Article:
We are not timeless or placeless
One characteristic of radical individualism is that it relinquishes ties both with time and with place. A new self-image is sought, which resists conformity to outside forces, including previous generations, and feels little responsibility towards future generations. As a push-back on this, many are exploring their family roots, and many more show an interest in TV programmes in which celebrities research their past.
No wonder if the church today shows little interested in the historic creeds, church history, traditional liturgical practices, or denominational distinctives. But the net effect is of disorientation and rootlessness.
With endless possibilities for travel, people have also become untethered from place, that is, a place where we belong. So many spaces (including motorways, hotels, and airports) are not places in this sense, for they speak of transience, not of belonging. They are not concerned with history, relationships, or identity.
Christian churches have a calling to help re-build a sense of time and place. They can do this, in part, by drawing on their rich heritage of song, liturgy, and creed. A due sense of the past helps equip us for the journey ahead.
Radical individualism and sin
If the first commandment is ‘be true to yourself’, then the greatest sin is to bow to some external benchmark. What is needed is not repentance, but reassertion. I must have the courage to resist the pressure to conform, and instead claim sovereignty over my life.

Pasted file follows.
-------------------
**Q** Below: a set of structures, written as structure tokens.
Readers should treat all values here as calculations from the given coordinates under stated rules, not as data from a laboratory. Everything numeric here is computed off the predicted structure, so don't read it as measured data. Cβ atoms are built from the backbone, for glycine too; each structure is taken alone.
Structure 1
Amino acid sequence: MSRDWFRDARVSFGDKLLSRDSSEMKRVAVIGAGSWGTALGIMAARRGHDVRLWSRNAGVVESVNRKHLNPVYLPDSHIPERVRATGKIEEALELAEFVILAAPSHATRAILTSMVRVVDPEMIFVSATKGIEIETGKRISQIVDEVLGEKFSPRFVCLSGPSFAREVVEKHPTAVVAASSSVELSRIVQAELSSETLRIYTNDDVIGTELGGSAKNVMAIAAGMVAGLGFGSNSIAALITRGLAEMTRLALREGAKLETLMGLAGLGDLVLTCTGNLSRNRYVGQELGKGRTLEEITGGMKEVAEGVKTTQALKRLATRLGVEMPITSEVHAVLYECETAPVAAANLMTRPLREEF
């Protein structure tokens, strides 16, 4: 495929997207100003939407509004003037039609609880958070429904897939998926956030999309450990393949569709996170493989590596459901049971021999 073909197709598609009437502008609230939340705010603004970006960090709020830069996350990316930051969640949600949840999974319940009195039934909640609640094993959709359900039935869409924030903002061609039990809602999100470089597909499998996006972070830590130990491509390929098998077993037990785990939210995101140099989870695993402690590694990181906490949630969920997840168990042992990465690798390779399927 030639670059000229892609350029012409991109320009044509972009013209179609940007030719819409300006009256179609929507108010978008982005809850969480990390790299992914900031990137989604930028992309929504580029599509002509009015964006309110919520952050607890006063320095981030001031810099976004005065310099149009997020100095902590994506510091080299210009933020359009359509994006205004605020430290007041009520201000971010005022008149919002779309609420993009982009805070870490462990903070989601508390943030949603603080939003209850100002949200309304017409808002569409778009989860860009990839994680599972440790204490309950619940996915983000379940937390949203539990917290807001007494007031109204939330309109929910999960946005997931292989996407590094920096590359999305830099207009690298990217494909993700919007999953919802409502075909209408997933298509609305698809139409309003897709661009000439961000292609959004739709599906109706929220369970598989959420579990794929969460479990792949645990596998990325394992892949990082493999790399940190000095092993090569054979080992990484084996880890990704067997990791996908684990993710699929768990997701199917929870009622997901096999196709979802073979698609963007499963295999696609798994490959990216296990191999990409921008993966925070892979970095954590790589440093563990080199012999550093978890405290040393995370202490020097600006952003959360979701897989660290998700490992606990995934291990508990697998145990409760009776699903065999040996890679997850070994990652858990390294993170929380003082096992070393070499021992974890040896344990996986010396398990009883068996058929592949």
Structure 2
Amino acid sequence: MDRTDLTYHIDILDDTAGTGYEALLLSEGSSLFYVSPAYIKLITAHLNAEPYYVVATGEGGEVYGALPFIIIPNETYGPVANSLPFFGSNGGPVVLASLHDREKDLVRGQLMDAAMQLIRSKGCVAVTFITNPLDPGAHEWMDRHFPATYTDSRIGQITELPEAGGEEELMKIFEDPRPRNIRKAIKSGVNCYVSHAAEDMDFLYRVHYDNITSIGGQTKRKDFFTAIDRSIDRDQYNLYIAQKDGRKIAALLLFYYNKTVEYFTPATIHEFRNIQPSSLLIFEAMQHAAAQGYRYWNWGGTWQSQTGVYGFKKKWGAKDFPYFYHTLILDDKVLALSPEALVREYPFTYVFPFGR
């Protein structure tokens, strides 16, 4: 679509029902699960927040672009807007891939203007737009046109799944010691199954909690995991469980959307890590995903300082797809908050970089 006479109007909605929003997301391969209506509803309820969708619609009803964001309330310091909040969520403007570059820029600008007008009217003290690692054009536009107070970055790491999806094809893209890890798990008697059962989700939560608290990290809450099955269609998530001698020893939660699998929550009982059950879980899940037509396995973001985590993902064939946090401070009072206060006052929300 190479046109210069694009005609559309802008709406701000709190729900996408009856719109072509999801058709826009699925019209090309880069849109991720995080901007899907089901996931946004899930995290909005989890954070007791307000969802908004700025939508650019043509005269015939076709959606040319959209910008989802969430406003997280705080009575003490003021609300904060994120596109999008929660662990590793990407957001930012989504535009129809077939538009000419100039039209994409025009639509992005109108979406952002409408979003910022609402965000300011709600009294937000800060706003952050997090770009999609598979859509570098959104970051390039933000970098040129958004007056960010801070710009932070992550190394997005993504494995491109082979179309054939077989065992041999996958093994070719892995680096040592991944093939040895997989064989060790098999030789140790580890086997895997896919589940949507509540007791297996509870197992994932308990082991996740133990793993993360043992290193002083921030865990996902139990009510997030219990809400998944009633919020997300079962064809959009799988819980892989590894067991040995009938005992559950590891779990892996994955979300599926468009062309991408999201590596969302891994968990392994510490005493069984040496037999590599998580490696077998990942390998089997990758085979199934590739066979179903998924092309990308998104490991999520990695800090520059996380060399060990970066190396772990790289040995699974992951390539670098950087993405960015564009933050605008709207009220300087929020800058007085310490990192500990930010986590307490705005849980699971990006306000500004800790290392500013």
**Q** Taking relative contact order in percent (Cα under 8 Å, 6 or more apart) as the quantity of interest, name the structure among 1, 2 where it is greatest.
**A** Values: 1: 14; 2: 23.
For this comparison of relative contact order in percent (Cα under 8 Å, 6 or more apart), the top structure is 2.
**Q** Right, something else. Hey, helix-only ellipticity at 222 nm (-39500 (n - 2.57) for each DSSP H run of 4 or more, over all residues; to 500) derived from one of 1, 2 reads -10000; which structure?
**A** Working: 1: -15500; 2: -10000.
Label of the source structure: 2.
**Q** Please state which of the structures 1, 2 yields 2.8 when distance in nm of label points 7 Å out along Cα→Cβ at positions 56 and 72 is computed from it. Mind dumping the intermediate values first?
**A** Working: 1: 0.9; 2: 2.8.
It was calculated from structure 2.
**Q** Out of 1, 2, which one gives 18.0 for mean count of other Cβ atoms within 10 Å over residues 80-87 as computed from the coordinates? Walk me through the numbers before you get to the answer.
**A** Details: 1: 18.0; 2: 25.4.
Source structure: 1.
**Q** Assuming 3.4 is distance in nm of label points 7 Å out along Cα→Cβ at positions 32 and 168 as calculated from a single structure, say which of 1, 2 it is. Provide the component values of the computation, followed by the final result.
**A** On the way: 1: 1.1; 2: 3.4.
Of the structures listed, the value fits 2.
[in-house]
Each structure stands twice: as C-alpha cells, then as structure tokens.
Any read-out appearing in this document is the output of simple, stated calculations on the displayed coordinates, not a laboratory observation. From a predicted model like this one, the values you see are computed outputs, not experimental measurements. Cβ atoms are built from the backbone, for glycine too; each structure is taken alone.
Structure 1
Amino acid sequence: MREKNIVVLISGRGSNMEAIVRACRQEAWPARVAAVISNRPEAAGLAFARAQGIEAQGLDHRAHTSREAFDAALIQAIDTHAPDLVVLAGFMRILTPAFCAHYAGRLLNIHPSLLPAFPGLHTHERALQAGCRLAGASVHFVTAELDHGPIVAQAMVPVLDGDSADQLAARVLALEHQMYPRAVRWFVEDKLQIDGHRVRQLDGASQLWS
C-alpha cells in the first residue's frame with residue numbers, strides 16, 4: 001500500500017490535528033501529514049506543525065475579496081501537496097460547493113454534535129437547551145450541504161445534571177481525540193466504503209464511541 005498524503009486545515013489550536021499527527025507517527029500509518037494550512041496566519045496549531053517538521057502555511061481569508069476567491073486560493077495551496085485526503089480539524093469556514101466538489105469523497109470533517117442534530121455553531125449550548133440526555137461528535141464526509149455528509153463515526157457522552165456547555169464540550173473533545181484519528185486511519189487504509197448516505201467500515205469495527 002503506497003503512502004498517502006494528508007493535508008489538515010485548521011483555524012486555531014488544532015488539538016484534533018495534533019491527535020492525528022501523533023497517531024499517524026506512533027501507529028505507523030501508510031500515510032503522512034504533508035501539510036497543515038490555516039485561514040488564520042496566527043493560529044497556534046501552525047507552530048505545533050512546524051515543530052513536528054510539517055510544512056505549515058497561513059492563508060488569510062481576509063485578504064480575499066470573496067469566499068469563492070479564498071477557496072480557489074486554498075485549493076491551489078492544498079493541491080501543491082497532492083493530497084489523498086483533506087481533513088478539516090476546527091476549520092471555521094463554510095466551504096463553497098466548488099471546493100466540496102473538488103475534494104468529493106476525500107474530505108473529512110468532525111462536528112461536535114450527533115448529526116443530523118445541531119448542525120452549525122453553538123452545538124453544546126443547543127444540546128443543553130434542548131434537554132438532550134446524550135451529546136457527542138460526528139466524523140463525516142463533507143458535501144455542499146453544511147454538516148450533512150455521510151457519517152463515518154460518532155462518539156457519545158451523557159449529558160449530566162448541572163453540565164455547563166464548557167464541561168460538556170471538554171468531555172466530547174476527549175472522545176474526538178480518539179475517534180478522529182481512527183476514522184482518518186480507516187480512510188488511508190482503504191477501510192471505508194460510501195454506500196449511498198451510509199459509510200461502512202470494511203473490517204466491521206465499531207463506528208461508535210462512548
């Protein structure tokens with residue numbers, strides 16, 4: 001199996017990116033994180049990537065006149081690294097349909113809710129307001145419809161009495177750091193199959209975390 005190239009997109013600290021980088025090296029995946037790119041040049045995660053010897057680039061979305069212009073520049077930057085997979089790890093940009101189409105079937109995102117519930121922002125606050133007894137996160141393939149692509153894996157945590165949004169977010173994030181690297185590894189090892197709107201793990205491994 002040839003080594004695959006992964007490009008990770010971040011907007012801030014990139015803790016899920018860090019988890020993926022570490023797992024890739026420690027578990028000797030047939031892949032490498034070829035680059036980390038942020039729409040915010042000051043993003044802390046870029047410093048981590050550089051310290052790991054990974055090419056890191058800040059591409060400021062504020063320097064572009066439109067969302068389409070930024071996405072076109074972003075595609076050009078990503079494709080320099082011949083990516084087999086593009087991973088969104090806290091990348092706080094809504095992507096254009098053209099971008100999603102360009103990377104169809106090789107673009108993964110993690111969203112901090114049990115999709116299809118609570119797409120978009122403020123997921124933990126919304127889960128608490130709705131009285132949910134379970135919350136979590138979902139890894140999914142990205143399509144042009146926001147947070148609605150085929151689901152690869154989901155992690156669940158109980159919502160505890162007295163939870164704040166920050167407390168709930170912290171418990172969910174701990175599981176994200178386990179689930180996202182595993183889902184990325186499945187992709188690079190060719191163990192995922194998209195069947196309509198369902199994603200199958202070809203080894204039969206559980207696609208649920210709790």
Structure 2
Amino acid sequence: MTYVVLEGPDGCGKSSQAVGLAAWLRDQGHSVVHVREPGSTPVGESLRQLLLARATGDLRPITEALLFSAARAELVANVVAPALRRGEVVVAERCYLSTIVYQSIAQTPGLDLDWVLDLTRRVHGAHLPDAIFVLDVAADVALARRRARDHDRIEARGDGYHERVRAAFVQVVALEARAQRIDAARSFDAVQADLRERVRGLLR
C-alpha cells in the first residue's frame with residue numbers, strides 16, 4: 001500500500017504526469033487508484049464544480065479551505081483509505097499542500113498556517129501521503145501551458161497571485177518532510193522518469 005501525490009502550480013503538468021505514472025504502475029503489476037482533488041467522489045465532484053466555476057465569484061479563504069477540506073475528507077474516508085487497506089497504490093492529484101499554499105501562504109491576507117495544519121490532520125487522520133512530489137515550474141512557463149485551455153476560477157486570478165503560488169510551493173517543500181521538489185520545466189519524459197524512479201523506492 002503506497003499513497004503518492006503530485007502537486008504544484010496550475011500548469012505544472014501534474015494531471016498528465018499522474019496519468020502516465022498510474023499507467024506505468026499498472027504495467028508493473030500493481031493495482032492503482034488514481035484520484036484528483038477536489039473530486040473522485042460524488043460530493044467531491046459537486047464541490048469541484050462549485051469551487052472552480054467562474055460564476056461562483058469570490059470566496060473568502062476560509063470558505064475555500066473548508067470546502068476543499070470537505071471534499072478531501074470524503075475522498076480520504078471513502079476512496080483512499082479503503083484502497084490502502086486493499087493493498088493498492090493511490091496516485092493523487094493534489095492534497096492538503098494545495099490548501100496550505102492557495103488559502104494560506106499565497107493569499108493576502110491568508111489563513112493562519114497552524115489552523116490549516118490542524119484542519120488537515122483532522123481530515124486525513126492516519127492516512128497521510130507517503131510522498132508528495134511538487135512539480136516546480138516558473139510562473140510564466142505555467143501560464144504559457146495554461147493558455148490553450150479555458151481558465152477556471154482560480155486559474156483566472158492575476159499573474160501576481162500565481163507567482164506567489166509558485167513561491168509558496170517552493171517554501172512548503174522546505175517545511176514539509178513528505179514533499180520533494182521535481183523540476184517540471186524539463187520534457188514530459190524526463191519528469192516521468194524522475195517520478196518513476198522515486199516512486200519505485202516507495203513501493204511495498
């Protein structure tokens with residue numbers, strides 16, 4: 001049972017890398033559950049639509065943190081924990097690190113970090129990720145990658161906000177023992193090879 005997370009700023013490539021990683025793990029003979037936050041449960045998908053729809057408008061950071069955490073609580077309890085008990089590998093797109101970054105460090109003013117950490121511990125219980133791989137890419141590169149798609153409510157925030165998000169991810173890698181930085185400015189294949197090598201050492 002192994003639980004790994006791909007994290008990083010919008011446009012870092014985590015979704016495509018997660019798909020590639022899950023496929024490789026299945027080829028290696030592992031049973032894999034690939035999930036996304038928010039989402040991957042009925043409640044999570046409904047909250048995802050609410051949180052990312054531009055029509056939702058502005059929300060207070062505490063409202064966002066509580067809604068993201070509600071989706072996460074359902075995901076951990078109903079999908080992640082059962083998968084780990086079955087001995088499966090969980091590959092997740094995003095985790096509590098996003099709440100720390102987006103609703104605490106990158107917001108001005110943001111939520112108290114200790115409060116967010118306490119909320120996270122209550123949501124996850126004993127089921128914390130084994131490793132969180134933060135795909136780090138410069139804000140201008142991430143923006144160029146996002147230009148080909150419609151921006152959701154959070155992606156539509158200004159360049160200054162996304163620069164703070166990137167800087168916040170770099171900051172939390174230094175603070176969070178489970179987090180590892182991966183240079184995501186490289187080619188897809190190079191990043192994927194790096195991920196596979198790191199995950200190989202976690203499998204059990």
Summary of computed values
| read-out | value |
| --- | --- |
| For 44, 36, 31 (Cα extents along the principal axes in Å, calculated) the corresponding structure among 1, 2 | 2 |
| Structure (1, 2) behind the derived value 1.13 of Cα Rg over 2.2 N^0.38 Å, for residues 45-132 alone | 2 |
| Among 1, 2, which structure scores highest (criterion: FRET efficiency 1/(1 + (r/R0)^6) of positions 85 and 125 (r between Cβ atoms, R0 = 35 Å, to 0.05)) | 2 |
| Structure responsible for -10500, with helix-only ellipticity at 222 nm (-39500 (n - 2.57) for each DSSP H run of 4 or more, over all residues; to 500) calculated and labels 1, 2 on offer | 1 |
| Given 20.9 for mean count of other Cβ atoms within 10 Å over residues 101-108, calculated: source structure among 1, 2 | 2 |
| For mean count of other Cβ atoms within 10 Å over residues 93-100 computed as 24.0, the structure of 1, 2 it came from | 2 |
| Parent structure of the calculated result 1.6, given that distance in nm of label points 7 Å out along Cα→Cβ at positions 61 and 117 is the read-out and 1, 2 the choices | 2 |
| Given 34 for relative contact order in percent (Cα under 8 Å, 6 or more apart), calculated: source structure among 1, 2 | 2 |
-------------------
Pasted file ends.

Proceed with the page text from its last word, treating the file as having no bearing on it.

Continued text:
This approach can lead to bitter loneliness, because intimate, lasting relationships bring obligations that may threaten self-determination. Marriage is OK, so long as it provides a ‘soul mate’ who can help me really be ‘me’. Friendships are fine too, providing they too become avenues for self-fulfilment. Churches are expected to buy into this me-centred, consumerist mentality also.
According to Barna research, 66% of churchgoing Christians believe that ‘enjoying yourself is the highest goal of life’. Within this frame of reference, church takes on either a moralistic role (making me a better person), or a therapeutic one (helping me feel good about myself).
The biblical doctrine of sin issues a challenge. It challenges some of the ‘personal life choices’ that individuals may have made, and calls them to repentance. This conflicts profoundly with the idea that arises from the ‘me’ creed, where the ‘first commandment’ is to be true to yourself, and the second (which is like unto it) is to avoid judging anyone else.
How today’s church feeds radical individualism
It is possible to reframe (‘re-imagine’) Christianity itself so that it feeds, rather than challenges, this radical individualism.
‘Inspire me’, we say to the church, and the church dutifully responds by massaging my ego and making me feel good. Even the very words used may be drawn from Scripture, but these are redirected towards unscriptural ends. Songs and books may be theologically ‘safe’, and yet still feed the quest for self-fulfilment. In preaching, too, all kinds of biblical words and concepts about abundant life, peace, and assurance may be spoken, and these may be theological unobjectionable; and yet, in today’s Western culture they may well be heard as having a merely therapeutic force.